Digestive System

digestive system
Table of digestive tract
OrganDigestive Activities
MouthMechanical digestion: chewing
Chemical digestion: saliva contains amylase and lipase
StomachMechanical digestion: churning
Chemical digestion: protease (pepsin)
Small intestineChemical digestion: amylase, protease, lipase (assisted by bile from liver/gall bladder), nuclease (all enzymes predominantly from the pancreas)
Nutrient and water absorption
Large intestineWater absorption

Table of enzymes
EnzymeWhere found
AmylaseMouth and small intestine
ProteaseStomach and small intestine
LipaseMouth and small intestine
NucleaseSmall intestine

Ingestion

  • saliva as lubrication and source of enzymes
    • saliva dissolves food.
    • saliva contains mucin, a protein that lubricates the bolus (chewed up food ball).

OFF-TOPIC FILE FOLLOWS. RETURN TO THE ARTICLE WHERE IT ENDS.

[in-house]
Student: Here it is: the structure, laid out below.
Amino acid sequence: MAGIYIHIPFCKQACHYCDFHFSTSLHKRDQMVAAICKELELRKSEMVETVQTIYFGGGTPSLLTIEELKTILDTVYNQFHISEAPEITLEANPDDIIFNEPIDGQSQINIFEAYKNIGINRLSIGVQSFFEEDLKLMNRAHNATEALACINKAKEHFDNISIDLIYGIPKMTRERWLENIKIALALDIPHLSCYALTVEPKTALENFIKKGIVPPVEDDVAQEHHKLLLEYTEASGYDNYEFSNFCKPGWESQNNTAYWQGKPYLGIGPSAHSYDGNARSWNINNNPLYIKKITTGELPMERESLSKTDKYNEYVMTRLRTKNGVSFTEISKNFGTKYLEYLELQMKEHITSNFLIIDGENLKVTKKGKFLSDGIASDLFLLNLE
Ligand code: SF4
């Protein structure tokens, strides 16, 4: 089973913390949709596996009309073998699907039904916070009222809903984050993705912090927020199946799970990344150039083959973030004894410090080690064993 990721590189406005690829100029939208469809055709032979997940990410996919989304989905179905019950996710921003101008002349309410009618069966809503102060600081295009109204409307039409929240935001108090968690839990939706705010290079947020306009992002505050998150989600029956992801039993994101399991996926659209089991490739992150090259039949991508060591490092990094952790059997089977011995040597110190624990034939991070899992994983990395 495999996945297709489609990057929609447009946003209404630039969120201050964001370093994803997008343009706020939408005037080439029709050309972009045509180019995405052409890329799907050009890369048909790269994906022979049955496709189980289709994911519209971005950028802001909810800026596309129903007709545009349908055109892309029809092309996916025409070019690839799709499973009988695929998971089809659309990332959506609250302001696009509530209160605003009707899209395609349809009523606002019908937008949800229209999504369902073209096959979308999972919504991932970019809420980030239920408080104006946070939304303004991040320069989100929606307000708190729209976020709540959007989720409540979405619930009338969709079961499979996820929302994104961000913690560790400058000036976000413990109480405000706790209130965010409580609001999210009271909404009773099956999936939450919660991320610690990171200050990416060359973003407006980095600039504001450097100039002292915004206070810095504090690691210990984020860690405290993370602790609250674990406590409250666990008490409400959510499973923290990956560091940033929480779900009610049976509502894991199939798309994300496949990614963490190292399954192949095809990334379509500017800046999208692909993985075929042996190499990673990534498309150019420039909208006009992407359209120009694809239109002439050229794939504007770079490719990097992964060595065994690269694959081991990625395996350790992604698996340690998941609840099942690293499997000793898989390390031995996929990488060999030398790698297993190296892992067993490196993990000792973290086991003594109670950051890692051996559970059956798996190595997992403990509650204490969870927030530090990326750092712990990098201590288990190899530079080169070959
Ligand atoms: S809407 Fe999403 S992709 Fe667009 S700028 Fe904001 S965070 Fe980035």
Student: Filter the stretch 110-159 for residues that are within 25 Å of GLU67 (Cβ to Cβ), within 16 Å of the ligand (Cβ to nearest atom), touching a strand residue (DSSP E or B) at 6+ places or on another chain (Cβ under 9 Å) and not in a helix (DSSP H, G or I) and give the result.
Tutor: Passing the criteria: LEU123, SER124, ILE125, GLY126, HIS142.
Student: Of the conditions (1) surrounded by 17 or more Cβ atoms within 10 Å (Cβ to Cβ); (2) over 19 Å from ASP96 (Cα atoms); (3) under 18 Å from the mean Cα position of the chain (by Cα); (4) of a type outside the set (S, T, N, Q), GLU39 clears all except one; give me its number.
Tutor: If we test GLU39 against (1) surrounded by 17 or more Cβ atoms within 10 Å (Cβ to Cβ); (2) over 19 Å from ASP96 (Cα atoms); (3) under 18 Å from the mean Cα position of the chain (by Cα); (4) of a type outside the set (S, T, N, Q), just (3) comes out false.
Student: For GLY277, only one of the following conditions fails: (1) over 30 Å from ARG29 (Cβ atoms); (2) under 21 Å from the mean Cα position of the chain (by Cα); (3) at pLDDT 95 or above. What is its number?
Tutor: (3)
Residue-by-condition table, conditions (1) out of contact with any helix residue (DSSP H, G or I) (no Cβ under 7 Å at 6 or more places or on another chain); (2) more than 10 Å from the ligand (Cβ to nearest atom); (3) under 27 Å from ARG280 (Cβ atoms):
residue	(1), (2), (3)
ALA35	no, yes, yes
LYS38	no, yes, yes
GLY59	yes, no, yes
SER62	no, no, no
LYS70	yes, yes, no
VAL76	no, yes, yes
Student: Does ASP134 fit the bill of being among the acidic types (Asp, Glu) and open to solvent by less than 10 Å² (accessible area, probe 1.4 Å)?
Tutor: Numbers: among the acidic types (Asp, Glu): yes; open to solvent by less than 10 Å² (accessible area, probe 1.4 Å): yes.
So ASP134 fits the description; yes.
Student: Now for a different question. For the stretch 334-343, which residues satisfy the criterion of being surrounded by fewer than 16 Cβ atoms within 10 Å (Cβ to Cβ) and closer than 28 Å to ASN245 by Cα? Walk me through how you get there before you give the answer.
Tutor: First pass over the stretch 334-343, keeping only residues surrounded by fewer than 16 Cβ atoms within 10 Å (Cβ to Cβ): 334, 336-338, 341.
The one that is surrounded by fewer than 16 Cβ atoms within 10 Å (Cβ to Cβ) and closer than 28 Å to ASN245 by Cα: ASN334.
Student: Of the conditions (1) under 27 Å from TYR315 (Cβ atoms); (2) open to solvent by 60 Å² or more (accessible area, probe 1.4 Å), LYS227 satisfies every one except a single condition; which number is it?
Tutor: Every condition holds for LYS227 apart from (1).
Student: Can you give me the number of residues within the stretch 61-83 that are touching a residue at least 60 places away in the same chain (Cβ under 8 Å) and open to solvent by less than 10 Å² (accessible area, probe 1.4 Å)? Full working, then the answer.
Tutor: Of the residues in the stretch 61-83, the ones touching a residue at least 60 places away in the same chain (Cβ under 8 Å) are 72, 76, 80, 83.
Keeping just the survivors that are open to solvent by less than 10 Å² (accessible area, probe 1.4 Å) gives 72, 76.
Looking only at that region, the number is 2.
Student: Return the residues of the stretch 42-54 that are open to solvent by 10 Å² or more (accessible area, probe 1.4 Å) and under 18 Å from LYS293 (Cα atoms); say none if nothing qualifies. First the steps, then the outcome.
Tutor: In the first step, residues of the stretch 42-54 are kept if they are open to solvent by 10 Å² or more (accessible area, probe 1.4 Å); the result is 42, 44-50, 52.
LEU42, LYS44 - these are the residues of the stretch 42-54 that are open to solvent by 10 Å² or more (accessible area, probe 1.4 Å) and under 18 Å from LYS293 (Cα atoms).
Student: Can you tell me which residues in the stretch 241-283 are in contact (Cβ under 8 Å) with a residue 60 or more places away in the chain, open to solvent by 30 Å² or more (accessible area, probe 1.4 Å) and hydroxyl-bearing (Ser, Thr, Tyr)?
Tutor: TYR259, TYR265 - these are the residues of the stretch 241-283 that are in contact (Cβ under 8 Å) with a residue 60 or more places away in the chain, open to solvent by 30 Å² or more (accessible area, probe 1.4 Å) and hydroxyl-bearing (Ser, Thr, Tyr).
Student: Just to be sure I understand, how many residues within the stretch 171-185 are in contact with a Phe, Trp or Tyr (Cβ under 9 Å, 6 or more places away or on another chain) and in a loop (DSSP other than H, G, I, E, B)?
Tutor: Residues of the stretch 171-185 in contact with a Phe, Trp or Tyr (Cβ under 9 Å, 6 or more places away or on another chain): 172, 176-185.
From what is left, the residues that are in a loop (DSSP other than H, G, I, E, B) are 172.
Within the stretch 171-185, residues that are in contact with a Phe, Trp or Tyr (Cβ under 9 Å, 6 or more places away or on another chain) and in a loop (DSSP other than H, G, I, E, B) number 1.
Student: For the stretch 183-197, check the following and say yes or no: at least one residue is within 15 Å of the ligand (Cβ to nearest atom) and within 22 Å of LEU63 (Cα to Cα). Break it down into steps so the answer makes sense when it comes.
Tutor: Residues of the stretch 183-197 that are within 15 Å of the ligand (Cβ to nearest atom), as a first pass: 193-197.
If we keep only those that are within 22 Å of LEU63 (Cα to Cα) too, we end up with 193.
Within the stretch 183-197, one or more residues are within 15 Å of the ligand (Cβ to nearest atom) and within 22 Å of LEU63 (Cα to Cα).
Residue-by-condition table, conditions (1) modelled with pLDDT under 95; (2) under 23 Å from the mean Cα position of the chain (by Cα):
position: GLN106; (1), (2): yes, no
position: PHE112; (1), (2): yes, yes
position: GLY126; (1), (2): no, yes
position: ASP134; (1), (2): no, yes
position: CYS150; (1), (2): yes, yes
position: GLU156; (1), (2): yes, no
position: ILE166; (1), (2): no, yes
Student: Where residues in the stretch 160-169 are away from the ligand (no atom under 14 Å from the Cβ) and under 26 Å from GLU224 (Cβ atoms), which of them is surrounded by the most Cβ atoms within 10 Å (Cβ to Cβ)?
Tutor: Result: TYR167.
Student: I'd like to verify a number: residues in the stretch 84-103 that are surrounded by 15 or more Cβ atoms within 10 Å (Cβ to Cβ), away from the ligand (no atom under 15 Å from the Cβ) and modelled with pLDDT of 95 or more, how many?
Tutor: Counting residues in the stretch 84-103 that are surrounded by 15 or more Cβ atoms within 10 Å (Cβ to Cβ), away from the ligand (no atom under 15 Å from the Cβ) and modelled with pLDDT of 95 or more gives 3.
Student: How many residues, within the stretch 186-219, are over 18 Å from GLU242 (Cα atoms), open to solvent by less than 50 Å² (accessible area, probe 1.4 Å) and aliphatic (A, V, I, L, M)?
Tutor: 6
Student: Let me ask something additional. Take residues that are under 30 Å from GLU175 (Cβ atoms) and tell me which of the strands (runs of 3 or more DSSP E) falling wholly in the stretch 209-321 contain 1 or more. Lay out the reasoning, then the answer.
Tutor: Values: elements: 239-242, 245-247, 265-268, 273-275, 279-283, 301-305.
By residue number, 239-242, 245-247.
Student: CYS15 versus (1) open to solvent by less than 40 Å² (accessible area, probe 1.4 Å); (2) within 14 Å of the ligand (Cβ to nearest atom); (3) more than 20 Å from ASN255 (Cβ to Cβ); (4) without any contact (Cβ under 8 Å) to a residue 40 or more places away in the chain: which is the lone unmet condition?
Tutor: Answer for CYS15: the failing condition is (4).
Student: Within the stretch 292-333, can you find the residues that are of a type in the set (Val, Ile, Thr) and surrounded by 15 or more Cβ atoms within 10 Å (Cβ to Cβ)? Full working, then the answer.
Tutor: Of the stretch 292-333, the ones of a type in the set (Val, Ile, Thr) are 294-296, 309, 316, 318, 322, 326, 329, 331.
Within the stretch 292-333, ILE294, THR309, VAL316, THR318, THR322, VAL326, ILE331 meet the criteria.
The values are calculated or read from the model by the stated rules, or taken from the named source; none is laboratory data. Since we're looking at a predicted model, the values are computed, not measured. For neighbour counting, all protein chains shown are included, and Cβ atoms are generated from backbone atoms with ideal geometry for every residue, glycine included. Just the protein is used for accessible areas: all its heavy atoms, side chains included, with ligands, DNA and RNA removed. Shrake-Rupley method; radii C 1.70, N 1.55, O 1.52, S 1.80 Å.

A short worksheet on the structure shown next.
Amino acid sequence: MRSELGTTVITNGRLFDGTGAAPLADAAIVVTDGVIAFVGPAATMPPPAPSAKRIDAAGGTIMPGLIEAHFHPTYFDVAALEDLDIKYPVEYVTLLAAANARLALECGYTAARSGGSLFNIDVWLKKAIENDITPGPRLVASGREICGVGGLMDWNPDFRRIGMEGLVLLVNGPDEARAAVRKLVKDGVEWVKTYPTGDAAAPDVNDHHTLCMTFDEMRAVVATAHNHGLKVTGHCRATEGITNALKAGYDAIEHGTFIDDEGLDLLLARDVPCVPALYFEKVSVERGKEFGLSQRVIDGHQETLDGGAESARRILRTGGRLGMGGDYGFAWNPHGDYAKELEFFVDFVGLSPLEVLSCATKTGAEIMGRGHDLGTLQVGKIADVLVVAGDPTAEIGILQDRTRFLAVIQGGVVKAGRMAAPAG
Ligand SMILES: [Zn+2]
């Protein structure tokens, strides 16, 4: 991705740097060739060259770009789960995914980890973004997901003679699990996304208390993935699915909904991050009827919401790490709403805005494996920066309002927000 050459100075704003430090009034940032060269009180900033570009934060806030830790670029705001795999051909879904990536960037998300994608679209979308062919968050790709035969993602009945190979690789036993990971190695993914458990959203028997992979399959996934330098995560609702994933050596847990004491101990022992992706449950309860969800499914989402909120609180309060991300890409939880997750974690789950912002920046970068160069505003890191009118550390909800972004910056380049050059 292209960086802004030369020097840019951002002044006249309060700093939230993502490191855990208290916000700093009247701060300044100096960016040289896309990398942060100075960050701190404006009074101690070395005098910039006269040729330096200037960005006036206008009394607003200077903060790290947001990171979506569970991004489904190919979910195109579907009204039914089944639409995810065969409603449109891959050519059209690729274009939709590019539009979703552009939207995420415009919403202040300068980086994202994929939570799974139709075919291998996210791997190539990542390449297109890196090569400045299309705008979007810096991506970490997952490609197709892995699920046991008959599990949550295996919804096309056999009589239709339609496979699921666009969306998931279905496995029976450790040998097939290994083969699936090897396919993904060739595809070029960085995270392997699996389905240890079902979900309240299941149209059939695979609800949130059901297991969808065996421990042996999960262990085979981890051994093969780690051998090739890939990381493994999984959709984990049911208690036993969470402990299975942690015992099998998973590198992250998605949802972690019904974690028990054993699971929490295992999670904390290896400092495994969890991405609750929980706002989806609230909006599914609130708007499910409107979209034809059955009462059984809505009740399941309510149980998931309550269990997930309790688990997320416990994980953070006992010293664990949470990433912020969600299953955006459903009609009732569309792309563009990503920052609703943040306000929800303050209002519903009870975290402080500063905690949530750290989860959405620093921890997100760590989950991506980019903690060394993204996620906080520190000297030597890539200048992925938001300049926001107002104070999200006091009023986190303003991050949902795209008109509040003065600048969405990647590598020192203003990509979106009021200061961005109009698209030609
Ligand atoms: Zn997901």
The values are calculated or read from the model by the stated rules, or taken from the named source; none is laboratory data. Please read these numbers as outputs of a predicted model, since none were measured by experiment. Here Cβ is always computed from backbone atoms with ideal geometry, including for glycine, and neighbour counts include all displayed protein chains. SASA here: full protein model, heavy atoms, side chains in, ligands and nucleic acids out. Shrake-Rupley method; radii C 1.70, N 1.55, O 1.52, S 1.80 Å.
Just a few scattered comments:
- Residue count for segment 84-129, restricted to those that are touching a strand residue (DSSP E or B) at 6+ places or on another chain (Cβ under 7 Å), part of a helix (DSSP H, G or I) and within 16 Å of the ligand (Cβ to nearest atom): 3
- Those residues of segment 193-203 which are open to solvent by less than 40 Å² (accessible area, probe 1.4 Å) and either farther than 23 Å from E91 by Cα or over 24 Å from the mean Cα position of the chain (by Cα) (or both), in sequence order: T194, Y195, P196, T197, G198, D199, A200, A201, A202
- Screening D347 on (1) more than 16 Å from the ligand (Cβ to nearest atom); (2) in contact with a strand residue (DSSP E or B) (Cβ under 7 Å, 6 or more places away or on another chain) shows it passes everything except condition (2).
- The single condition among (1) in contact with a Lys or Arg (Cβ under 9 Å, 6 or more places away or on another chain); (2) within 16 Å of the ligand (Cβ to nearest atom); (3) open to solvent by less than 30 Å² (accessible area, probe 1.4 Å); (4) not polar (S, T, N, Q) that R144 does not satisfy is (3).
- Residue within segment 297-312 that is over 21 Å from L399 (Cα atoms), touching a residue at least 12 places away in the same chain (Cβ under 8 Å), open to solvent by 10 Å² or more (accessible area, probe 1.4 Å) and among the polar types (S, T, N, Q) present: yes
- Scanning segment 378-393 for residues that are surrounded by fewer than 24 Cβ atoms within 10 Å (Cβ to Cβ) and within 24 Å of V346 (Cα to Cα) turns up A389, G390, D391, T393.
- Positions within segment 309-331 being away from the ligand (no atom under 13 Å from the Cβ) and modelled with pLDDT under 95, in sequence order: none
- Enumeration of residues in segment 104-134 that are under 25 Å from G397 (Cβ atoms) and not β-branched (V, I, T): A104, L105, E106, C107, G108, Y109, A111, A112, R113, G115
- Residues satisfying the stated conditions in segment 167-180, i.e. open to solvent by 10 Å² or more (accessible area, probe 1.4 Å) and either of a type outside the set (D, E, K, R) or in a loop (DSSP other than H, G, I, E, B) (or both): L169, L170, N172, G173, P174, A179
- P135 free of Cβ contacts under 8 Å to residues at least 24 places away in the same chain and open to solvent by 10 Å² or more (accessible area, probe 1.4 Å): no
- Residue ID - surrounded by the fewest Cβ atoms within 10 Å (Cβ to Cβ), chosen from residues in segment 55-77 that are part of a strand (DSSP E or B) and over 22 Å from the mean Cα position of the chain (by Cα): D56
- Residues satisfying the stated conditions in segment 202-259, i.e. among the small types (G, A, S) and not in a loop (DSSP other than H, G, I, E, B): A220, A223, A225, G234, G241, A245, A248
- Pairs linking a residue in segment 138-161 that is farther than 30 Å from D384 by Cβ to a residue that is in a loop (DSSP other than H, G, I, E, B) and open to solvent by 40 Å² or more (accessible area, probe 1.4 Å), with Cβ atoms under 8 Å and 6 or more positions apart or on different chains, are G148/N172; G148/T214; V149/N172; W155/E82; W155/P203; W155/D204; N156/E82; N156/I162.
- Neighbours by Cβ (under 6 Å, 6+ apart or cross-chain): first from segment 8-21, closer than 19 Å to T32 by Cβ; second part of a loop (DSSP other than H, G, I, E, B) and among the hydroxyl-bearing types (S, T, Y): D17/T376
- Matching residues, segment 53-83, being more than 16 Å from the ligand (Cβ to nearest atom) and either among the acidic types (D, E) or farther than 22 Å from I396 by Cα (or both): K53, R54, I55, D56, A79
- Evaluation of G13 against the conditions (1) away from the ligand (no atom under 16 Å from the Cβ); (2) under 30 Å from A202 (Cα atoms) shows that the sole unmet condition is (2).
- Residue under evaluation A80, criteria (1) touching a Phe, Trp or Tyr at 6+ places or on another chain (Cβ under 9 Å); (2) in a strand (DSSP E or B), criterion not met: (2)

• saliva contains amylase, which breaks down polysaccharides (starch and glycogen).
    • saliva also contains antibodies and lysozyme that kill pathogens.
  • epiglottal action
    • epiglottis = flap of cartilage that closes off airway when you're swallowing.
  • pharynx (function in swallowing)
    • pharynx = throat = between mouth and esophagus.
    • muscular tube that squeezes and routes food to the esophagus when swallowing (closes off pathways to nasal cavity and airway).
  • esophagus (transport function)
    • muscular tube that propels bolus (food) to the stomach by peristalsis.